This said, there is no doubt that a significant reduction in expenditure is looming. E&P firms are cutting all non-essential spending which will impact decommissioning, drilling, project work, and maintenance activities. The focus is on safe production and limited spending. New projects and discretionary expenditure will be delayed or cancelled.
Revised estimates of global upstream spend for 2020 vary among the market analysts, though Wood Mackenzie points to £80 billion of spending at risk, a 25% reduction from their initial forecast. Project sanctioning is also expected to fall back to 2015 levels.
The OFS sector
Most oilfield service (OFS) firms globally have not recovered from the 2015 downturn and are already working on tight margins and vastly reduced activity levels.
There have been doomsday press releases that predict massive job losses and that 20% of North Sea OFS firms will go into administration. I think it’s a little early to call.
EY, in its annual review of the UK OFS sector, noted there were 1,200 firms in 2018, an 8% reduction from 2015. The extent of this downturn has yet to be seen but company failure or success is down to many characteristics, not market dynamics alone.
While the E&P companies have some breathing space and are better prepared this time round, the OFS community is not. Their future will be dependent on the speed of recovery, how quickly they are paid by clients, financial support options and fundamentally the strength of their proposition.
All companies think they are unique, and they are. Many confuse this, however, with real differentiation, or the ability to provide a product or service which others can’t.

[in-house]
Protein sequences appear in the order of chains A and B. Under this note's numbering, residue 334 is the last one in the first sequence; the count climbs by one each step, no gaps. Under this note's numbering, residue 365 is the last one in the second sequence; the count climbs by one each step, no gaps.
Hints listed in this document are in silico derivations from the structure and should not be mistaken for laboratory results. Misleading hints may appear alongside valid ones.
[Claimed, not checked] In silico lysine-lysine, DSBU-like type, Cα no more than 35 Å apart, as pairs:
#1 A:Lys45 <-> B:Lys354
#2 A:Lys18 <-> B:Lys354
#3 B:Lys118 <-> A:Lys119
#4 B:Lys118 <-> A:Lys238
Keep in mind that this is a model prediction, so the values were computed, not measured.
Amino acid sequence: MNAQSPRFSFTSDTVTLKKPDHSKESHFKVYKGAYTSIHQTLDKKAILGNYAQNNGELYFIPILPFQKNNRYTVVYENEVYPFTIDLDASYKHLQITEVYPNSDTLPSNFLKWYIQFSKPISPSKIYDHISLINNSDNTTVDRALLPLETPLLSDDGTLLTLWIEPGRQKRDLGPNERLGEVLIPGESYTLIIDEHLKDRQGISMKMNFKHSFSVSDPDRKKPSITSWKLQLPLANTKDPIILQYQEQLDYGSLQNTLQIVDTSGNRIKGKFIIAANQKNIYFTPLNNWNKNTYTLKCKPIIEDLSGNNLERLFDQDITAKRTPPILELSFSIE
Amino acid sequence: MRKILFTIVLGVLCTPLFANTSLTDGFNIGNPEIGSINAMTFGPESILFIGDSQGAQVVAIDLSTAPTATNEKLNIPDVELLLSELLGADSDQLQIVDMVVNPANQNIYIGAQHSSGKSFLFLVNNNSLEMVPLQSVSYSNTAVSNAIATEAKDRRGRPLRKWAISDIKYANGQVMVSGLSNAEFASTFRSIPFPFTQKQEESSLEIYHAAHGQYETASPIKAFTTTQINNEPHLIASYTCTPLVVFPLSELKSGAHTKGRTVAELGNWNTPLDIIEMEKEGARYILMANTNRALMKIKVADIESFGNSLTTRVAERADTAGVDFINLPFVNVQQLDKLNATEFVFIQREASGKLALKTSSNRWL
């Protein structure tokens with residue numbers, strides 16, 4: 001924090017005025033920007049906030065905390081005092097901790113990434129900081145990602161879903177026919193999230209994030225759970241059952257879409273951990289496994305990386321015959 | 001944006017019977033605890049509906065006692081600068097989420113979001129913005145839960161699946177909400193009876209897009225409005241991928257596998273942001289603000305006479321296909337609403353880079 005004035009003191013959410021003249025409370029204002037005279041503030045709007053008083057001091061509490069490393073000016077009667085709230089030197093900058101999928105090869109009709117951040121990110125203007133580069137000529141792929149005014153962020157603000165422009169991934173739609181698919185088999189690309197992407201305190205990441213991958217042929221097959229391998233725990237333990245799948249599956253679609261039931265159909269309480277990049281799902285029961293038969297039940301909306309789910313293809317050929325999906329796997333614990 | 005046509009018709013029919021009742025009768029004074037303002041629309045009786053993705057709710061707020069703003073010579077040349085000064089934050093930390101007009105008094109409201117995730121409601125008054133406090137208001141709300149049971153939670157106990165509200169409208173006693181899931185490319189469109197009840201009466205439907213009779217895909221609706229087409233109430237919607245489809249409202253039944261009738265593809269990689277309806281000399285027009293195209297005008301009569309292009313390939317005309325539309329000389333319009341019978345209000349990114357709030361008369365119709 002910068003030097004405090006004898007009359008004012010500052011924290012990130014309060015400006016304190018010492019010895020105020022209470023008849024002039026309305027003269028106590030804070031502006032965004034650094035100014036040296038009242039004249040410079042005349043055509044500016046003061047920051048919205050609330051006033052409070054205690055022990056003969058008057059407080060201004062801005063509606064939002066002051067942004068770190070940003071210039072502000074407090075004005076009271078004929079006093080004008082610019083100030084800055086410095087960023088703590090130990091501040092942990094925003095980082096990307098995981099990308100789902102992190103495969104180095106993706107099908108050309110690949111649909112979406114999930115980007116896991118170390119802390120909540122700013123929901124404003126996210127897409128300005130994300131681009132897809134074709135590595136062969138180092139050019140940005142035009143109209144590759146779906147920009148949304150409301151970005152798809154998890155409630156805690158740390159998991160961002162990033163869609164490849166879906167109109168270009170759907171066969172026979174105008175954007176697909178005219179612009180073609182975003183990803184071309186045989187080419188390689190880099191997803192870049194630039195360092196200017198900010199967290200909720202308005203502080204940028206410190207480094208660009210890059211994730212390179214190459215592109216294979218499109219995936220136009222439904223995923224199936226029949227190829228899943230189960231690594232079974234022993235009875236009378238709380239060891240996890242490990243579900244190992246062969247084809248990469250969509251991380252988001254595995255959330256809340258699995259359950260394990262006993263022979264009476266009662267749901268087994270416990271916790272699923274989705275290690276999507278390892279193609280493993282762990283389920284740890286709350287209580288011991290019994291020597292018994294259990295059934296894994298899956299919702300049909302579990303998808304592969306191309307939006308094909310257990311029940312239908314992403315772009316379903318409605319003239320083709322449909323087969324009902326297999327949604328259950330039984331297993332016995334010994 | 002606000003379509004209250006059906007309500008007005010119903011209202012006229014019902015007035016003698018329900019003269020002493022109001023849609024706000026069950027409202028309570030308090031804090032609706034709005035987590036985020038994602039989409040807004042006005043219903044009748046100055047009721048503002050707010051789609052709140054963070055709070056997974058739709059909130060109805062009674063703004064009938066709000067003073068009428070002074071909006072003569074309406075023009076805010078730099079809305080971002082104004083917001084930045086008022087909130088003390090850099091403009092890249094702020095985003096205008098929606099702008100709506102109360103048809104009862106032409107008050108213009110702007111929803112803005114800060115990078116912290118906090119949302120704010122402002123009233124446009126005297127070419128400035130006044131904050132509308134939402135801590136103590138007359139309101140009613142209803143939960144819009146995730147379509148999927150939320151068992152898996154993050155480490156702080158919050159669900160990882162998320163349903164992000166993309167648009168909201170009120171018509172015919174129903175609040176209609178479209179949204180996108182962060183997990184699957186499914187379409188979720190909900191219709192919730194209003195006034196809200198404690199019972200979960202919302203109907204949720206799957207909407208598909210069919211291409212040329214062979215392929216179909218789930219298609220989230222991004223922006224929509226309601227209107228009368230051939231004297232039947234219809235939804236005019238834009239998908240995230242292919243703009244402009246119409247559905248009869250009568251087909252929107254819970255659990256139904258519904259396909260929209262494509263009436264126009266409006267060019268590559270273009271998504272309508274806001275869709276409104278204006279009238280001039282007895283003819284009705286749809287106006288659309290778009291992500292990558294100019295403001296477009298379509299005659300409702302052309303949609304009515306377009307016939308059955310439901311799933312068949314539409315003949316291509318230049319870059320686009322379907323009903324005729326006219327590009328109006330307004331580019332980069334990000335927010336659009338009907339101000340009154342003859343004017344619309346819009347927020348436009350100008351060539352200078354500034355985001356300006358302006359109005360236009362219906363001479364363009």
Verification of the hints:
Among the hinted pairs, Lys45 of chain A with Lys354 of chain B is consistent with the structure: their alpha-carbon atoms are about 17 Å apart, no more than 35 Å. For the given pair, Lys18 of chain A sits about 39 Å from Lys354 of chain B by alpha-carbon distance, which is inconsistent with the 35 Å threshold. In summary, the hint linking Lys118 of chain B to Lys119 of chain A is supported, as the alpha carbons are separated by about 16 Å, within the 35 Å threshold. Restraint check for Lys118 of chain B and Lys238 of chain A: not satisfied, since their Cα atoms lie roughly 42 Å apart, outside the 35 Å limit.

OFS providers that are differentiated will weather this storm better than most. The more commoditised businesses will struggle unless they are able to produce at the lowest marginal cost.
It’s all about relative pricing in this sector and they need to be prepared.
Many businesses will need to evaluate what is likely to happen to their market and customer behaviours, in addition to analysing where their strengths really are. Firms really need to understand where they add value and how to maximise it, which will likely require different approaches and focuses from those of the past.
Hydrocarbons are the primary source of global energy demand and will continue to be so for the coming decades. The real impact of this crisis is all about how long it lasts.
Key questions surround the longevity and extent of demand destruction due to the virus and the distancing measures, while the supply side pressure will be determined by how long Saudi Arabia and Russia lock horns in their supply war.
On the demand side we can look to China regarding potential timelines. Having suffered earlier than Europe and other regions, we are now starting to see the easing of restrictions and oil demand increase again. As mentioned, the current state won’t last forever.
Despite what they may say, neither Saudi nor Russia can stomach $20 oil for long. Everyone loses. Saudi still requires oil around $80 to fiscally break even. While they have cash reserves, these were materially reduced during the last downturn.
Someone will blink soon.
Andrew Reid is a management consultant supporting executive teams with evidence-based strategic evaluation and implementation at NorthStone Advisers